The other problem I had with this album is that it's dreary. The Counterparts' Afterglow was similarly dark, but that worked to create an invitingly nocturnal mood. Here, however, the drab tones serve to distance you from the album. The group has a hard time with upbeat songs. If you can't make The Beach Boys sound fun and sunny, then you have a big problem.

Despite that, I do have to give them credit for You Can Call Me Al. Most groups fail at singing any Graceland-era Paul Simon because the main vocals are so simple and laid back that they need a sublime voice like Paul Simon to make them breathe. His vocals can border on monotonous, except that the melody lines are artfully implied. It sounds great when Paul sings it, but it's pointless to try to hum along. But the Bostonians' cover boast a lead who can really put the melody back into the song. Also, the spoken bass line ("I can call you Betty Betty Betty...") is refreshingly (and appropriately) silly. When the Bostonians' arrangements do come together to form a truly cohesive whole, and when they turn their weakness (their dreary sound) into an asset by singing dreary songs, then they're onto something great. The colossal arrangement of Uninvited, the passionate performance of The Downeaster "Alexa", and the gripping Parachute all show that the Bostonians have the potential to be one of the best.


Tuning / Blend 3
Energy / Intensity 3
Innovation / Creativity 2
Soloists 3
Sound / Production 3
Repeat Listenability 2
Tracks
1 Uninvited 4
2 Every Breath You Take 3
3 What a Feeling 4
4 The Downeaster "Alexa" 3
5 The Sign 3
6 That's Life 2
7 Angel 3
8 Parachute 4
9 Goodbye 3
10 Glory of Love 2
11 Together Again 3
12 I Will Not Take These Things For Granted 3
13 Hard to Handle 2
14 Winter 3
15 Wouldn't It Be Nice 2
16 As Yet Untitled 3
17 You Can Call Me Al 3
18 True Colors 2

The Bostonians from Boston College are a very respectable co-ed a cappella group. Their latest recording, Quarter Past Nine, showcases some great energetic moments, but as with most collegiate recordings, some sub-par question marks as well.

Seventeen tracks is just too long for an album. You don't need to record every song that you sang during the academic year to have a successful album. A better approach is to aim for your ten or twelve best tracks and spend all of your time in the studio perfecting those tracks. I can easily think of five to seven tracks to remove from this album that would make it a far superior album. You need to leave your listener wanting more, not begging for the last track to come.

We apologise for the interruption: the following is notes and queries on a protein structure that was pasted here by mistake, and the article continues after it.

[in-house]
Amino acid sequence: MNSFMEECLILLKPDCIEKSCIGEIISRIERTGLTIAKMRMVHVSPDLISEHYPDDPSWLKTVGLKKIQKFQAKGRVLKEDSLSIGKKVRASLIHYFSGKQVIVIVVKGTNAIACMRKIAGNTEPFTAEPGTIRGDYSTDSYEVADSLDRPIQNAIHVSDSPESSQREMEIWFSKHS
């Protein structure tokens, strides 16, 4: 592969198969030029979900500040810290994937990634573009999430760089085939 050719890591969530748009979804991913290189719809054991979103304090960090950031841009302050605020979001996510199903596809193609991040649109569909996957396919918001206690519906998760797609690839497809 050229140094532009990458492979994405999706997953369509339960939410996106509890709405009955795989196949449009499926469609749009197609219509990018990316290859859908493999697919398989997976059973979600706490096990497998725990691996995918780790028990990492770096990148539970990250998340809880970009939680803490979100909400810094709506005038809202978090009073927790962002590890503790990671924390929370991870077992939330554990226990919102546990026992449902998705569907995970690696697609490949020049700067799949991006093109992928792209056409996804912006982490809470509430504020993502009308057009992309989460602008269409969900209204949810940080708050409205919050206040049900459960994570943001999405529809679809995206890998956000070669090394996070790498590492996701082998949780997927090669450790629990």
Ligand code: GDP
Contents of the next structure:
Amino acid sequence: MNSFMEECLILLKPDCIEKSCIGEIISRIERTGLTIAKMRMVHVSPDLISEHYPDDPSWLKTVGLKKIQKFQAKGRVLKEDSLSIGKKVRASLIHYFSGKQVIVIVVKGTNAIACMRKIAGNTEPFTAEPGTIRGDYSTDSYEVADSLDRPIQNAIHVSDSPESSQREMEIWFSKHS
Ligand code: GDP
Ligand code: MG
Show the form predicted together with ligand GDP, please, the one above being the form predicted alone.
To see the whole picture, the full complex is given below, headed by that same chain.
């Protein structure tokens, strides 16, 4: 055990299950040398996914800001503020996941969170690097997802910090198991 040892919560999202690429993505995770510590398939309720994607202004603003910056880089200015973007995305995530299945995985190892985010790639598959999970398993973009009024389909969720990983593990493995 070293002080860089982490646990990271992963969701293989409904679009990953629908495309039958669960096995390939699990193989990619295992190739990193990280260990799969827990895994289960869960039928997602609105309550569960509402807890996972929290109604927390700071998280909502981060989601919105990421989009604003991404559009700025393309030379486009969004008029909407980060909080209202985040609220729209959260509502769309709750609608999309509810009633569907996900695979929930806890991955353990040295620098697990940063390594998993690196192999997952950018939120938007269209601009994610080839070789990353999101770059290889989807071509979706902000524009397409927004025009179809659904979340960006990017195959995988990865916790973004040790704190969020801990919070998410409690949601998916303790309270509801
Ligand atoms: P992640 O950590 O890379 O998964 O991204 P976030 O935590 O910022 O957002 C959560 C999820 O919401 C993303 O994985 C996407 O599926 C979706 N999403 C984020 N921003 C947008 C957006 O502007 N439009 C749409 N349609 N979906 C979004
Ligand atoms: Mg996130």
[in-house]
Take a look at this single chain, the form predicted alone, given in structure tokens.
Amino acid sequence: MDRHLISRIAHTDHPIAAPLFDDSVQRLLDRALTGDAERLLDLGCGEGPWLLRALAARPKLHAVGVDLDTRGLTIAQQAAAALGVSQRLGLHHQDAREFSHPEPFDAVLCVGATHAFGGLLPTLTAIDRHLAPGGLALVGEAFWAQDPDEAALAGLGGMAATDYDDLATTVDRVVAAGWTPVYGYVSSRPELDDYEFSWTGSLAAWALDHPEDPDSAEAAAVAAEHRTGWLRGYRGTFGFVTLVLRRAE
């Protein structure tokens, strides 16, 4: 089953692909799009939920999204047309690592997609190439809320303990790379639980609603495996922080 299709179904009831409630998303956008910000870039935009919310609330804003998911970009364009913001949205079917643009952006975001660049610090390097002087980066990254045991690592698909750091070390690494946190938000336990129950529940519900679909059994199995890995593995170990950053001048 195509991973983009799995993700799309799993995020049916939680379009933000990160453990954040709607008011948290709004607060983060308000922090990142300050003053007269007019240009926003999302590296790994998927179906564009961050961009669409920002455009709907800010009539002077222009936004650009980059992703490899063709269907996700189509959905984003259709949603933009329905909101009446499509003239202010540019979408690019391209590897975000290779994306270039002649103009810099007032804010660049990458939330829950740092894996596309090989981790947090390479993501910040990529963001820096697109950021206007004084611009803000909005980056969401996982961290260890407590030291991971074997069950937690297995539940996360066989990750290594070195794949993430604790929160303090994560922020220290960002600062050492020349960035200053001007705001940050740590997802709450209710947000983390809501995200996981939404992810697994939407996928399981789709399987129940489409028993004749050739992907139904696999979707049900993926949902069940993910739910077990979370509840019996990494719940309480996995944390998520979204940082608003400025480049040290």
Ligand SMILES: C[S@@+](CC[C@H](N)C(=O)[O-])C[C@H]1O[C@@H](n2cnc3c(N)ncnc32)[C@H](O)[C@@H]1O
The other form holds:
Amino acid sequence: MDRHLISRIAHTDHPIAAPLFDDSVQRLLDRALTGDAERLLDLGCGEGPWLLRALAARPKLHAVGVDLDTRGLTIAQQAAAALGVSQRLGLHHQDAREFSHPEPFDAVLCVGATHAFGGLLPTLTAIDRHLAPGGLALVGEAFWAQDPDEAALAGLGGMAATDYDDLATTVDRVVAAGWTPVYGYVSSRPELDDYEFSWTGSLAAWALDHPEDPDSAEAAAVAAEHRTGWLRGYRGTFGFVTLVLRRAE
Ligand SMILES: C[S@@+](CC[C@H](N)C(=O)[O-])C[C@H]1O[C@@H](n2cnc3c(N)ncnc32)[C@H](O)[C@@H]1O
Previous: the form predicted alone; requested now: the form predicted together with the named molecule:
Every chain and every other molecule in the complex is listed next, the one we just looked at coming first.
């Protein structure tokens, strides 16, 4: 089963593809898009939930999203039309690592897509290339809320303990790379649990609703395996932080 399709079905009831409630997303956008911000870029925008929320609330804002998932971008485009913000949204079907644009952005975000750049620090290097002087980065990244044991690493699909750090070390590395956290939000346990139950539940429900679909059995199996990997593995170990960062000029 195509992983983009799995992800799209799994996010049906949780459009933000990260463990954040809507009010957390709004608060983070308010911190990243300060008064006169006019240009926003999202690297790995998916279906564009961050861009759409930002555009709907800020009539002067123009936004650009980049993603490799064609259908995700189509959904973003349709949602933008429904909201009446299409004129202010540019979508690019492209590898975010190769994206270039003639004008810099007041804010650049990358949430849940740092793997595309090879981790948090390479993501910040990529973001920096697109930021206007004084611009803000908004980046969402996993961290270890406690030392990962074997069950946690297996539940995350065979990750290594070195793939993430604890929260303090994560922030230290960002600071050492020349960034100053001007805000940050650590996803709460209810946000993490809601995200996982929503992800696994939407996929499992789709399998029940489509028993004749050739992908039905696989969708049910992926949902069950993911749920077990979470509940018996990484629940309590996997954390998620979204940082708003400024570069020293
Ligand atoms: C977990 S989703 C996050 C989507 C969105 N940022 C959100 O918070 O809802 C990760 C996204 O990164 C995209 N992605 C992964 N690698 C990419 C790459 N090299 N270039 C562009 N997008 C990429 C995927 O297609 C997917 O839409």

As far as the album's soloists go, Lori Trespicio on the Bostonians original, As Yet Untitled, is fantastic! So much emotion and style. Dave Petrelli also deserves credit for writing the song. It is a very respectable musical work; the only issue that I had is that it seemed to be a stylistic change from the other songs on the album, thus feeling out of place. As Yet Untitled seemed to be more of a Broadway song. You can almost picture the two soloists on stage singing in all of their theatrical glory.

The highlight tracks for the album are Uninvited, Parachute, and What a Feeling. There really wasn't one track on this album that blew me away, but these three showed the most promise. Most of the tracks have the same sound and the same mix qualities, which leads to a very monotonous sound.

As a whole, I was very impressed with the arrangements on the album. Most were very well voiced and allowed the song to take shape. There were a few moments in tracks like The Sign where it almost seemed like the arrangement was getting out of control. When there is so much stuff going on, the listener has a hard time focusing on the song itself because the arrangement becomes distracting.

Pitch was on the solid side for most of the album, but I did hear a lot of intonation problems in the alto voices. Vocal percussion was very well executed. The best moment for VP was in Uninvited when the song just lets loose and rocks out.

As a whole, good effort, but still short of a killer album. Nothing really excited me on this album, and no one track really stands out as a reason to ever throw this one back in the stereo again. Some real nice work, but nothing that hasn't been done already, and done better by other groups. I'd pass on this one.


Tuning / Blend 4
Energy / Intensity 5
Innovation / Creativity 4
Soloists 4
Sound / Production 4
Repeat Listenability 3
Tracks
1 Uninvited 4
2 Every Breath You Take 4
3 What a Feeling 4
4 The Downeaster "Alexa" 4
5 The Sign 5
6 That's Life 2
7 Angel 4
8 Parachute 4
9 Goodbye 4
10 Glory of Love 4
11 Together Again 5
12 I Will Not Take These Things For Granted 4
13 Hard to Handle 3
14 Winter 4
15 Wouldn't It Be Nice 3
16 As Yet Untitled 4
17 You Can Call Me Al 5
18 True Colors 4
4

At what point does an a cappella group become a chorus? That's my problem with The Bostonians' Quarter Past Nine. I mean, geez, give me 22 singers, and if I can't hold your attention with covers ranging from Irene Cara to Ace of Base to Toad the Wet Sprocket, then take me to the a cappella river and drop me in the water.